When you choose German as your family's second language, there are so many other wonderful options that open up - travel, study of the culture, great literature. If you focus only on a future job prospect, you'll miss so much of the good stuff along the way. It's the study of the culture that makes the language truly come alive.

My personal path to study German was based exactly on this kind of objective analysis.
As I was preparing to enter college, my uncle pulled me aside and said a few words that would change the course of my life. "If you want to study business, you should study either German or Japanese as your foreign language." My uncle was a successful businessman and I took him very seriously. At the time I was too intimidated to attempt Japanese so German it was. And what a fateful choice! Nineteen years later I am making my living based on my knowledge of German. Who knew this one piece of advice would influence my life so greatly?

Where will German take your family?
Whether your children are small and just beginning to speak or you have teenagers preparing to leave the nest, it's never too soon or too late to carefully plan for the future. The choice of German for me was a pivotal one. Who knows where it will lead you and your children.


Thea said...

For more info on languages in the US, check out the Modern Language Association ( One of the most interesting pages on this site is the MLA Language Map ( which shows which languages are spoken around the US, and their popularity.

Data from the 2000 US Census shows that 10% of Californians spoke German at home! The other top 4 states with more than 5% of the populations speaking German are NY, Florida, Texas and Ohio. German speakers are all over :-)

Jeanne said...

A very timely post, since I have been considering that I chose the wrong language to emphasize with my younger children. I have approximately the same non-native ability in both German and Spanish, and have no native-speaker relatives or other emotional ties to either language. A fairly even tossup! Ideally, I'd like to do both, but that's not happening right now.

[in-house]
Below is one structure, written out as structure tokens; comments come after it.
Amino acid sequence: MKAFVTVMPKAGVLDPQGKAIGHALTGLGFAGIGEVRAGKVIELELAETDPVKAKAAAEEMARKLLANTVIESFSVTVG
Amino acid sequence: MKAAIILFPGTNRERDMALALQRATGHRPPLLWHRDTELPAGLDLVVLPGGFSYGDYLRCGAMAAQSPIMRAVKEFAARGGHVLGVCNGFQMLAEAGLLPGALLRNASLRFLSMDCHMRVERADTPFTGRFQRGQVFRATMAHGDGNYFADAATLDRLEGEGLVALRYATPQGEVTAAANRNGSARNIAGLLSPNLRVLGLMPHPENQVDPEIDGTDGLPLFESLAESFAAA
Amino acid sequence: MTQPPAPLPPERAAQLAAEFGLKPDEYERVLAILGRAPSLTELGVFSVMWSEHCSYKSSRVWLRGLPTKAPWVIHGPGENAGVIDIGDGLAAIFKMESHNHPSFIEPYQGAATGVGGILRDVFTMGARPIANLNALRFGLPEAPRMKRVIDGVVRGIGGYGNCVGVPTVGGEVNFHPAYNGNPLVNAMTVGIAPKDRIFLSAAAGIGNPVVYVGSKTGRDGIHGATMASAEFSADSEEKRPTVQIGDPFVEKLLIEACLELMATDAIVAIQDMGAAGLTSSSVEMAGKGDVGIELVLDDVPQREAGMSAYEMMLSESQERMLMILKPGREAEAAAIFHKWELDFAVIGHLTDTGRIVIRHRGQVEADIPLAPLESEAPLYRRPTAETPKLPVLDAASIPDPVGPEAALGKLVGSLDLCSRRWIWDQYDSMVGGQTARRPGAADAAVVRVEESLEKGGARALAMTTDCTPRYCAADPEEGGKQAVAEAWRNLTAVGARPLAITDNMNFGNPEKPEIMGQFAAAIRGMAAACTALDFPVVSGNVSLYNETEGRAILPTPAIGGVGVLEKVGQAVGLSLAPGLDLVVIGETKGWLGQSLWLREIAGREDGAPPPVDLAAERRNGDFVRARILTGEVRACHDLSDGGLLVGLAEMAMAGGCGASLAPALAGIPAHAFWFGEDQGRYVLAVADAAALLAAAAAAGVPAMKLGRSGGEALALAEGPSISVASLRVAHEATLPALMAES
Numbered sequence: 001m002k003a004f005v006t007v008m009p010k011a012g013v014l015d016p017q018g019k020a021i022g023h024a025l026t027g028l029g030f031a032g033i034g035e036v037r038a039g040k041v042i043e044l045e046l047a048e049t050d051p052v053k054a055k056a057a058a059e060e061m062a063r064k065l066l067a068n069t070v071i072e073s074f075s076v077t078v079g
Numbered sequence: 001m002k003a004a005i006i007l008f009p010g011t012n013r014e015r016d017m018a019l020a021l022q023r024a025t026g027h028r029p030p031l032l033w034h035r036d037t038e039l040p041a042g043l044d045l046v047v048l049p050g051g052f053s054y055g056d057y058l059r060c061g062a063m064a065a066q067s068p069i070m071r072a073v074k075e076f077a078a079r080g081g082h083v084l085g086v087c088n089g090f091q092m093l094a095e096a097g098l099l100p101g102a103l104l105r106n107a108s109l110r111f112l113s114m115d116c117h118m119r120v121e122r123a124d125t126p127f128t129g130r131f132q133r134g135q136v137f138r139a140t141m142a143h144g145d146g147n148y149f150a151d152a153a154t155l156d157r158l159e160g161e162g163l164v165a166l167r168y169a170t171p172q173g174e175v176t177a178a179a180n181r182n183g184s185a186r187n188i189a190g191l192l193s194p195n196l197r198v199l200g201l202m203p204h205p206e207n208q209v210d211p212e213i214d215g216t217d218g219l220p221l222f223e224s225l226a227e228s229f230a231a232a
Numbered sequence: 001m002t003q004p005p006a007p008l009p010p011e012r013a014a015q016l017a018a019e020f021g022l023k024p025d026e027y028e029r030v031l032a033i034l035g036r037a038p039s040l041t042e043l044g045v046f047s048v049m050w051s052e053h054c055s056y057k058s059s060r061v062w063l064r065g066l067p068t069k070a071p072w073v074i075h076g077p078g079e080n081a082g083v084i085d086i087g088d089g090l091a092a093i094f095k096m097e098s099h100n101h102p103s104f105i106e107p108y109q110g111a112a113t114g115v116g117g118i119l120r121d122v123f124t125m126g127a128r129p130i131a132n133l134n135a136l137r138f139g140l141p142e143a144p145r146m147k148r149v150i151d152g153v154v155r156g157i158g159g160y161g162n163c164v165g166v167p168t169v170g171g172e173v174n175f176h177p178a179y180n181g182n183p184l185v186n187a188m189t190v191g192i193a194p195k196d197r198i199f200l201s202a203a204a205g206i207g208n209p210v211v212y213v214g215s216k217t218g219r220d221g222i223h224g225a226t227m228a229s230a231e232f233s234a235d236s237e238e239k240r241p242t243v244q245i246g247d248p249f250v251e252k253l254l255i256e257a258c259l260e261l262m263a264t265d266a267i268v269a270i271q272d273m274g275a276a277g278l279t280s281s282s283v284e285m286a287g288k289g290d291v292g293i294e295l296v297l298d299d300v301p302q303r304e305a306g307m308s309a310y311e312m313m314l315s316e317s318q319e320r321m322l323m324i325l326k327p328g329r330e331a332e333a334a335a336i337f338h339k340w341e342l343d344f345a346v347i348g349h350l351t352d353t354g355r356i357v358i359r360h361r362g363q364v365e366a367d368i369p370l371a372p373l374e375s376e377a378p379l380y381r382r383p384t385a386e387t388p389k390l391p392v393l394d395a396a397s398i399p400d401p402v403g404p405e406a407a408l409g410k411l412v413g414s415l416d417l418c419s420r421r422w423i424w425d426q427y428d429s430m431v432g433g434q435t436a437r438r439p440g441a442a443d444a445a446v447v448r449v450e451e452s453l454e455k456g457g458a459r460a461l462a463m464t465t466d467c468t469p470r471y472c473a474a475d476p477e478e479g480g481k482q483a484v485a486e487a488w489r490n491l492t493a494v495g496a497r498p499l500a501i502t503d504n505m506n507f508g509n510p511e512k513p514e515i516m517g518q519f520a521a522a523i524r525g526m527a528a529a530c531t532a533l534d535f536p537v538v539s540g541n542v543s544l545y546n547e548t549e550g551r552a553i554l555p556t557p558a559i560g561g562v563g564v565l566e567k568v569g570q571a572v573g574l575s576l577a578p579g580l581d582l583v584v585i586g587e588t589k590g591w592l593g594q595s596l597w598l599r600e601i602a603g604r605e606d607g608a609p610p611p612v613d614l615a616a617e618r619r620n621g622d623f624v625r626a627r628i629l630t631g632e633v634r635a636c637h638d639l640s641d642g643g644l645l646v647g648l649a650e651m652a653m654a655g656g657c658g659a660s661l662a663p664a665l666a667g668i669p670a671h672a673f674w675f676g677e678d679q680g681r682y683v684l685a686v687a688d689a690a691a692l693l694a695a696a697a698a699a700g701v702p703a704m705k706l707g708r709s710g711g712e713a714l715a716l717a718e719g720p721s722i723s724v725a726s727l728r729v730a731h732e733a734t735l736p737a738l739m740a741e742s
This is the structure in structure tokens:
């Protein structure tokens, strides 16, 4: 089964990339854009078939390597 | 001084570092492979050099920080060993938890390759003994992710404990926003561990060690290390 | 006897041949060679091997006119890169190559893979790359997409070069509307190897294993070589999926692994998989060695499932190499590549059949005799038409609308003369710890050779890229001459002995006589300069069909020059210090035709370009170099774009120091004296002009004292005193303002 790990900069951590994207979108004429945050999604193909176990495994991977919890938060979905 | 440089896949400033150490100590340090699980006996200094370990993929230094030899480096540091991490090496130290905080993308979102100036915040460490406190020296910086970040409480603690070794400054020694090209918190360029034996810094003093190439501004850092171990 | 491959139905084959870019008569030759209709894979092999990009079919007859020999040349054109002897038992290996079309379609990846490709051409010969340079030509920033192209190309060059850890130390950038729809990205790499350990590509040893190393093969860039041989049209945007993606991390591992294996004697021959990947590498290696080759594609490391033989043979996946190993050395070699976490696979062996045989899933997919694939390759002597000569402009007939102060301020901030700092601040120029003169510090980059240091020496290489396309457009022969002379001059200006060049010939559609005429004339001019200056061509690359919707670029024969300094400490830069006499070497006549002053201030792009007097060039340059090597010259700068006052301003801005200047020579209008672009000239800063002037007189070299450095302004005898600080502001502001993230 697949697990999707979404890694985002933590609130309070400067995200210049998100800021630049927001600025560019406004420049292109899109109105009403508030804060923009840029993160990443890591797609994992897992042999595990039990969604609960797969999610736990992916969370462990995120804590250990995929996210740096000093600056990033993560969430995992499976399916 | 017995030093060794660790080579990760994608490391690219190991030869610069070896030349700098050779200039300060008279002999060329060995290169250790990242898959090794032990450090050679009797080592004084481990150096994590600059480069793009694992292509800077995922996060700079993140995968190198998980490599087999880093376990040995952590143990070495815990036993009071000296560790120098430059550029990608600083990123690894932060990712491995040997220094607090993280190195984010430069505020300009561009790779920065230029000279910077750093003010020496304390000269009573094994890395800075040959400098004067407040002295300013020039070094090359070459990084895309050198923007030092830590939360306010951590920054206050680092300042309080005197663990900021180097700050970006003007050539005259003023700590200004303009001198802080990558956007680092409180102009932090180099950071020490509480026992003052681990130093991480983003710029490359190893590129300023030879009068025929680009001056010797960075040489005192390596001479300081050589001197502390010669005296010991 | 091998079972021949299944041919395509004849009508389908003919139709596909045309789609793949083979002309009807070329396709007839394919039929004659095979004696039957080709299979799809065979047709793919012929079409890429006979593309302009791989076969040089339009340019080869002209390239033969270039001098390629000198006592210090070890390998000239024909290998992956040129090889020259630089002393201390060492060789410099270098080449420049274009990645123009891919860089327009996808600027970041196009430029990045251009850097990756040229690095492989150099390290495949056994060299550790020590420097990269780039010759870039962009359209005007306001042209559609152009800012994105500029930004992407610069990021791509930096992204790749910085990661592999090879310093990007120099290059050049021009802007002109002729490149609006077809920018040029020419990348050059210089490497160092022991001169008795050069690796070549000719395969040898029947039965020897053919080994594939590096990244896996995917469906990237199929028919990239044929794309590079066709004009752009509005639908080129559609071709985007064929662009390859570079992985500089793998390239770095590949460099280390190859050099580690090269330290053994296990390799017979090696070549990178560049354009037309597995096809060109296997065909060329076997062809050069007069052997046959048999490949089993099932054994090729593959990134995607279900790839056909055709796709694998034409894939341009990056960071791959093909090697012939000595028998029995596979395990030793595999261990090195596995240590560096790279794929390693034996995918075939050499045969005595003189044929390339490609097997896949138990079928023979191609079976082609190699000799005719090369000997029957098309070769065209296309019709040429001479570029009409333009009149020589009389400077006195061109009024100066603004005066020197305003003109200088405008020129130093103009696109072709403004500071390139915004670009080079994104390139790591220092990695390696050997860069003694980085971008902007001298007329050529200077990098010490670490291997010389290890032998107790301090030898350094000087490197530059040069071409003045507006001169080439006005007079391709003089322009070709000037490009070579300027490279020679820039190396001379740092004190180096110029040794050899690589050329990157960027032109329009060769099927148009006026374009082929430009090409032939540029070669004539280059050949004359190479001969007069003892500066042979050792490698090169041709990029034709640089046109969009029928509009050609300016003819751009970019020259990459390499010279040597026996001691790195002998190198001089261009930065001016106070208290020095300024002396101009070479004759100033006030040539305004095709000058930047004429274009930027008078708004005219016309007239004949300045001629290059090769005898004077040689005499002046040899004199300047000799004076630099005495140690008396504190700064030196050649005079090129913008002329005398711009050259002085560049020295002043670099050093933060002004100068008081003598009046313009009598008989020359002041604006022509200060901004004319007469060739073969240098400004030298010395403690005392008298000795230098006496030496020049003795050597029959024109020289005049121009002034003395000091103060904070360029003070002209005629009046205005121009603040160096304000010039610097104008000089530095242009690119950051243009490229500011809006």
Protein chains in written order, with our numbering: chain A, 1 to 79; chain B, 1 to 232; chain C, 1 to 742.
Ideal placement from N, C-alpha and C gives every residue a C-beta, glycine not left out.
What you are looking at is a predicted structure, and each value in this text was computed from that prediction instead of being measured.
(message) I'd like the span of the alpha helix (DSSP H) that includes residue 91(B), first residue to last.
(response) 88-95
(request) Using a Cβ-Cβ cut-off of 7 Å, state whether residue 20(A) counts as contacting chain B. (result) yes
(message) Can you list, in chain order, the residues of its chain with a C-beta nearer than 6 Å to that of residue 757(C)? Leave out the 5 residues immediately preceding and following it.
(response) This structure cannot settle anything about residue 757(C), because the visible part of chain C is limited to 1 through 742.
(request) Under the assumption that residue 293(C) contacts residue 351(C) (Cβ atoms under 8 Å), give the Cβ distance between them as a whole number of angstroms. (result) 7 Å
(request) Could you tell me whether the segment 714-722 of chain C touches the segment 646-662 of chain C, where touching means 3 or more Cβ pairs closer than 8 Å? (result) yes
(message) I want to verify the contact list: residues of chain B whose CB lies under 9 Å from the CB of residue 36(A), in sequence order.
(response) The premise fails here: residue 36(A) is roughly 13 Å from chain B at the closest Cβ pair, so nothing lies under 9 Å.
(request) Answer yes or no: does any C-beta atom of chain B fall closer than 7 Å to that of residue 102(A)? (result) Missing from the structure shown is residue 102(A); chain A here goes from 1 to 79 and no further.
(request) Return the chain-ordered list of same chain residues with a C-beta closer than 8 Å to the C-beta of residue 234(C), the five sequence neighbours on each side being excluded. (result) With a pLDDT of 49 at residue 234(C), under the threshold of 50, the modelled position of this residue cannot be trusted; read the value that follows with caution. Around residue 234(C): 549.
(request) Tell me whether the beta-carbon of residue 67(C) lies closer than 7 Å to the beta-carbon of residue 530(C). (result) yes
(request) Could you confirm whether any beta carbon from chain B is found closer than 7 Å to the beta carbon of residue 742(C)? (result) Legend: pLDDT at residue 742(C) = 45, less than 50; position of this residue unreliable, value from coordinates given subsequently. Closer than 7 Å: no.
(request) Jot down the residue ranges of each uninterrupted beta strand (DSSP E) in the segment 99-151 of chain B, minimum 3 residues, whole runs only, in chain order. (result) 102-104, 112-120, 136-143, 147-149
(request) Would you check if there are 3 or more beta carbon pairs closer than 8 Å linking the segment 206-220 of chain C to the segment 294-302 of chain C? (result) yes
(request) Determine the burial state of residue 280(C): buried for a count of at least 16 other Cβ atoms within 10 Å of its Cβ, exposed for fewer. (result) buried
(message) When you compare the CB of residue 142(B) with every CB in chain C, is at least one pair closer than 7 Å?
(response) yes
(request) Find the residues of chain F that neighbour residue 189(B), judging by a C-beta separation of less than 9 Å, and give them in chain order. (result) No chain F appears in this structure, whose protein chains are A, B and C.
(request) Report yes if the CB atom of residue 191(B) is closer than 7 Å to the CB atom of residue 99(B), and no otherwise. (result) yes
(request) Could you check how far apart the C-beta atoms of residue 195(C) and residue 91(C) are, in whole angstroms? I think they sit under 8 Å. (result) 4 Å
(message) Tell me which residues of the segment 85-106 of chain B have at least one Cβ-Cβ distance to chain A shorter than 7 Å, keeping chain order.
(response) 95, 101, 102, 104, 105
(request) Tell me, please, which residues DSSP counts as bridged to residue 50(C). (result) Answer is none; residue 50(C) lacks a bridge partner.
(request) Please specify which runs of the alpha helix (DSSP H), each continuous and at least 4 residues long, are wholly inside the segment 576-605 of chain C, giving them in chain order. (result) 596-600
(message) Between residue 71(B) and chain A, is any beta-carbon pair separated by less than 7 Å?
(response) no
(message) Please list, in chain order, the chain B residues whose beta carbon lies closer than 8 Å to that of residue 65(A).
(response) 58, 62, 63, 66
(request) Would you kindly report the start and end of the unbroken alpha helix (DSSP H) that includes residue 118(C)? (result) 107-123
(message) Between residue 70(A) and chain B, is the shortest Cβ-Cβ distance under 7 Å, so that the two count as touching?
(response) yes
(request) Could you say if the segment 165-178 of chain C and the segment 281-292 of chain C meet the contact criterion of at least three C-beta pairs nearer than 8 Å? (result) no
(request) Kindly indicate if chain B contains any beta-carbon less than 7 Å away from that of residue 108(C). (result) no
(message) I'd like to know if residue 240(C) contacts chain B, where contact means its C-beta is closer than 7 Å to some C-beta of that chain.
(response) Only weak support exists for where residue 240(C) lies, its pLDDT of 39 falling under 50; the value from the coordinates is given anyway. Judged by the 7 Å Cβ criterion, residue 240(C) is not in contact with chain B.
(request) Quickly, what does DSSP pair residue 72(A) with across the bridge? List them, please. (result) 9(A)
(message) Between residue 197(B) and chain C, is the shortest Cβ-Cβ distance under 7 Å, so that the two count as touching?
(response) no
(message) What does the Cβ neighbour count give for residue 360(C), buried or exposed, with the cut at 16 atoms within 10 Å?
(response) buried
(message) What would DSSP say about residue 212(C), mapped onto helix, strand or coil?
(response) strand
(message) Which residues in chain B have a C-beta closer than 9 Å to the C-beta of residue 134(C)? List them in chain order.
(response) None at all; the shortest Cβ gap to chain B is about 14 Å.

In addition, I think that, in the very beginning levels of language learning, Spanish is harder. Students have a very hard with two verbs for "to be" and two past tenses, not to mention the dropping of pronouns as redundant. Although, offering this POV once almost got me beaten up by an elderly lady who had lived in Germany and said it was the most difficult language ever! ;-)

Jeanne said...

Of course I meant to say, "Students have a very hard TIME"

Sarah Mueller said...

Thea, Thanks for the link - that is good data!

Jeanne, Thanks for your thoughts. I'm glad the German lady didn't dissuade you :)


Julie said...

As a high school German teacher, it's been a constant struggle to maintain support from administration and parents. With budget cuts, German is always the first to go, because it is seen in the American eyes as "less useful" and "more difficult."

It's my personal opinion that the Spanish-is-easier misnomer is thinly veiled racism. I've spent a good deal of time studying and living in Europe, and I had never heard that Spanish was considered an "easier" second language. It's a purely American thing. And I think it stems from the influx of immigrants from Latin America.

Think about the narrow-minded view that "them Mexicans" are coming over the border, and working menial labor jobs. "They" are "uneducated" and they speak Spanish. Therefore, the Spanish language must be the easier second language for my kid to learn!

German? Why, German is spoken by scientists and engineers! Therefore, it's a more difficult second language for my kid to learn! If that Mexican that mows my lawn can speak it, it must be easy for my kid to pick up, too.

It's just so wrong on so many levels...

Sarah Mueller said...


You are so right. I had never thought about this aspect but it's clearly present and people will use it to promote German or Spanish, while being wrong in both cases.


Jeanne said...

That's really interesting that Spanish is not perceived to be easier in Europe. This has been around a long time - my aunt was a French teacher and when she retired she decided to substitute a bit. But she was always called in for Spanish and, since the students all thought Spanish was easier, she would get all the troublemakers and jocks who didn't care. She quickly decided that it wasn't worth it, and that was back in 1972-73!